As frictions between the the U.S. and China rise, can leaders find ways to resolve security and trade disputes and establish a framework to manage competition in order to avoid zero-sum conflict?
The U.S.-Russia bilateral relationship is facing unprecedented strains. At the same time, the U.S.-China relationship is growing increasingly contentious over what the Trump administration views as the lack of reciprocity across many areas, including trade, investment, media, education, and culture.
The Trump administration believes attempts by previous administrations at persuasive dialogue and engagement with Beijing were unsuccessful, but the current strategy of publicly admonishing and punishing China has not been effective.
How China should understand and manage political risk in Venezuela has become one of the most important, if too often ignored, questions not just in China’s relationship with Latin America, but in its broader efforts to be seen as an agent and leader of development on the world stage.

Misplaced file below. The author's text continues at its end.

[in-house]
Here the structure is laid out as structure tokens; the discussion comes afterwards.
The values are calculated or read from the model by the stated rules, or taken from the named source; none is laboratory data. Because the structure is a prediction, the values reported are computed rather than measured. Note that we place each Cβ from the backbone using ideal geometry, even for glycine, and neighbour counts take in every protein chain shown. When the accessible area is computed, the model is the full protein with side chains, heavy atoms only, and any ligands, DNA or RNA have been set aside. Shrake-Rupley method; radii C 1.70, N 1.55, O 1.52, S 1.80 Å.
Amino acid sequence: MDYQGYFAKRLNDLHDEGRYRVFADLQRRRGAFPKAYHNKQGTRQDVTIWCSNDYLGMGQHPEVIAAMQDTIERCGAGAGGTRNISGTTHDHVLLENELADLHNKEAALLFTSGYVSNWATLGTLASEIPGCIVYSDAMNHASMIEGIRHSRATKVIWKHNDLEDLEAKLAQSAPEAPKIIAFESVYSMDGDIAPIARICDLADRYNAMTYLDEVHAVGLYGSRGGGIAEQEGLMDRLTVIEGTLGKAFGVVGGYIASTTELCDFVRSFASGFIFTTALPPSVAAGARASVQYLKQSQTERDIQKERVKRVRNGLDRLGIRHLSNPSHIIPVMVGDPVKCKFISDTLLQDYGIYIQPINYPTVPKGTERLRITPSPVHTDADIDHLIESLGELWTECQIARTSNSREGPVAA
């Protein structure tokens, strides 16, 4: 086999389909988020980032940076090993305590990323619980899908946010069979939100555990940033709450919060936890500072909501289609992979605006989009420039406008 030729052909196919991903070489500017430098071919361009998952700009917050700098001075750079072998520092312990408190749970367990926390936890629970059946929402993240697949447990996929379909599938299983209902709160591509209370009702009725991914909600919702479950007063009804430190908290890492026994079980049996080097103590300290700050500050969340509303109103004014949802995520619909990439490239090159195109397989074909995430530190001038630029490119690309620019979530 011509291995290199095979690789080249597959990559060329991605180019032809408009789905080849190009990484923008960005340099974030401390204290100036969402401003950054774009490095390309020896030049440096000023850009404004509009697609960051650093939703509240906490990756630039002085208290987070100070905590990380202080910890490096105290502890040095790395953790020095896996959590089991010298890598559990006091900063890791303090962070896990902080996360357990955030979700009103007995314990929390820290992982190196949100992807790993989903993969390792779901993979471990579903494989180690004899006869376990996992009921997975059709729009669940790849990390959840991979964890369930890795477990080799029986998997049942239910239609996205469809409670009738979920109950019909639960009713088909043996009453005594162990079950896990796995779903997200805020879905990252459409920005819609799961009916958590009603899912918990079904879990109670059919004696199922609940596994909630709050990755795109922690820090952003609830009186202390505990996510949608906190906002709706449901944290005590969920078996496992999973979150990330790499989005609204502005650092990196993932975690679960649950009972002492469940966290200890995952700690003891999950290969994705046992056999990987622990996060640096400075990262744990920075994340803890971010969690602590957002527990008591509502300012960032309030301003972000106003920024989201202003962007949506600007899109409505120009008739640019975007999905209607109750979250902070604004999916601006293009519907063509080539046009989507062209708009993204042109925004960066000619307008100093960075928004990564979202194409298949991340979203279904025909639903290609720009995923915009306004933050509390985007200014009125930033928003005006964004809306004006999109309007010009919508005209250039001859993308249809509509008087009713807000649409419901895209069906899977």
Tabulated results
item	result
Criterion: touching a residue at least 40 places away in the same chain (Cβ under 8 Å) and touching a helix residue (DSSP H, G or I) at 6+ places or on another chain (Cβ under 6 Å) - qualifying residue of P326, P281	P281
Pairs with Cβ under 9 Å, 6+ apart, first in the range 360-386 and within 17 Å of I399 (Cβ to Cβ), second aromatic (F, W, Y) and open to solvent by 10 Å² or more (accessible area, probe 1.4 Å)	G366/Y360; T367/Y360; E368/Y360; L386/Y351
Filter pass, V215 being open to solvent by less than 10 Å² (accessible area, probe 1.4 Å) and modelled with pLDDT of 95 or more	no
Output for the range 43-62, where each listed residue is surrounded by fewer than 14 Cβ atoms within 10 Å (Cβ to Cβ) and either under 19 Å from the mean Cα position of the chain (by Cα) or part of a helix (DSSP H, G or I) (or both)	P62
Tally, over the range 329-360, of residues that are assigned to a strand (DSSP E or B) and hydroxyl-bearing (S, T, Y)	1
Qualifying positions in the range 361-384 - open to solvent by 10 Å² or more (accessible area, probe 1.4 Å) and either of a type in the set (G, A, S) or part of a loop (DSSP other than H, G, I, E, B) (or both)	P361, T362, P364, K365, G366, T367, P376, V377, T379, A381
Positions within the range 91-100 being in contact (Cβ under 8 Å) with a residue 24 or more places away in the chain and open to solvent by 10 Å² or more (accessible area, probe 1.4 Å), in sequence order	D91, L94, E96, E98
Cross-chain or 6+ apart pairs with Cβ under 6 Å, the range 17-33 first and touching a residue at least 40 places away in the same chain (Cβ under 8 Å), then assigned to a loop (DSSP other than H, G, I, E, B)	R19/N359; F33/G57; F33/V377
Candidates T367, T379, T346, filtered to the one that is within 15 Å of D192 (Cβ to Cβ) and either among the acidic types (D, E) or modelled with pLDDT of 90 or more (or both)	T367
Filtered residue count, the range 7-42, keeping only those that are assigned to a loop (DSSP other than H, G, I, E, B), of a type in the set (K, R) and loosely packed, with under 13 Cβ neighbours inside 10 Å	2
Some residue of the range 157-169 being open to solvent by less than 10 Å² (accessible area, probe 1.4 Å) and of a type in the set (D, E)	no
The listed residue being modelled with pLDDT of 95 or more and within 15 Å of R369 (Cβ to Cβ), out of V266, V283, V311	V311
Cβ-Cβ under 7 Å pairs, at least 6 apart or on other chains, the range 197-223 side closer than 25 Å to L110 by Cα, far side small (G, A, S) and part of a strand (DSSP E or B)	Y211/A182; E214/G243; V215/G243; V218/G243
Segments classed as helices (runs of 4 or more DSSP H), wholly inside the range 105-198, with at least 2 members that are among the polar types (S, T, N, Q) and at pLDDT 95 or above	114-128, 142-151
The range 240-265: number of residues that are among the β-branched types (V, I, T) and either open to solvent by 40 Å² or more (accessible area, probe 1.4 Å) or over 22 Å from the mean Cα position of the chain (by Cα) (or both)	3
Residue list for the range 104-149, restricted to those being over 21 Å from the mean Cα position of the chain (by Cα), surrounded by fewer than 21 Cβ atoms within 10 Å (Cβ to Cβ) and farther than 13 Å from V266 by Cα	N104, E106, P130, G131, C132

The Singapore summit reduced U.S. leverage with North Korea and produced a vague statement which failed to advance denuclearization.
Paul Haenle joined Kaiser Kuo to discuss next steps for DPRK diplomacy and tensions between the United States and China over trade, Taiwan, and the Belt and Road Initiative
The international community views the Belt and Road through a zero-sum lens. To succeed, Beijing should focus on its domestic aspirations, international responsibilities, and nonmonetary investments.
The Forum on China-Africa Cooperation (FOCAC) was established far earlier than the BRI, and it has become a sophisticated framework for China’s partnerships with African countries. Thus, FOCAC can be a mini-version of multilateral cooperation that aids the implementation of BRI projects.
While the international community focuses its attention on trade, issues related to global production networks and flows of capital are essential to the discussion, which means monetary, investment, and fiscal policy must also be considered.
China has often been accused of practicing “debt-trap diplomacy”—miring supposed partners, particularly developing countries, in unsustainable debt-based relationships. But this is a misreading of the issue, and nowhere is this more apparent than in China’s dealings with Venezuela.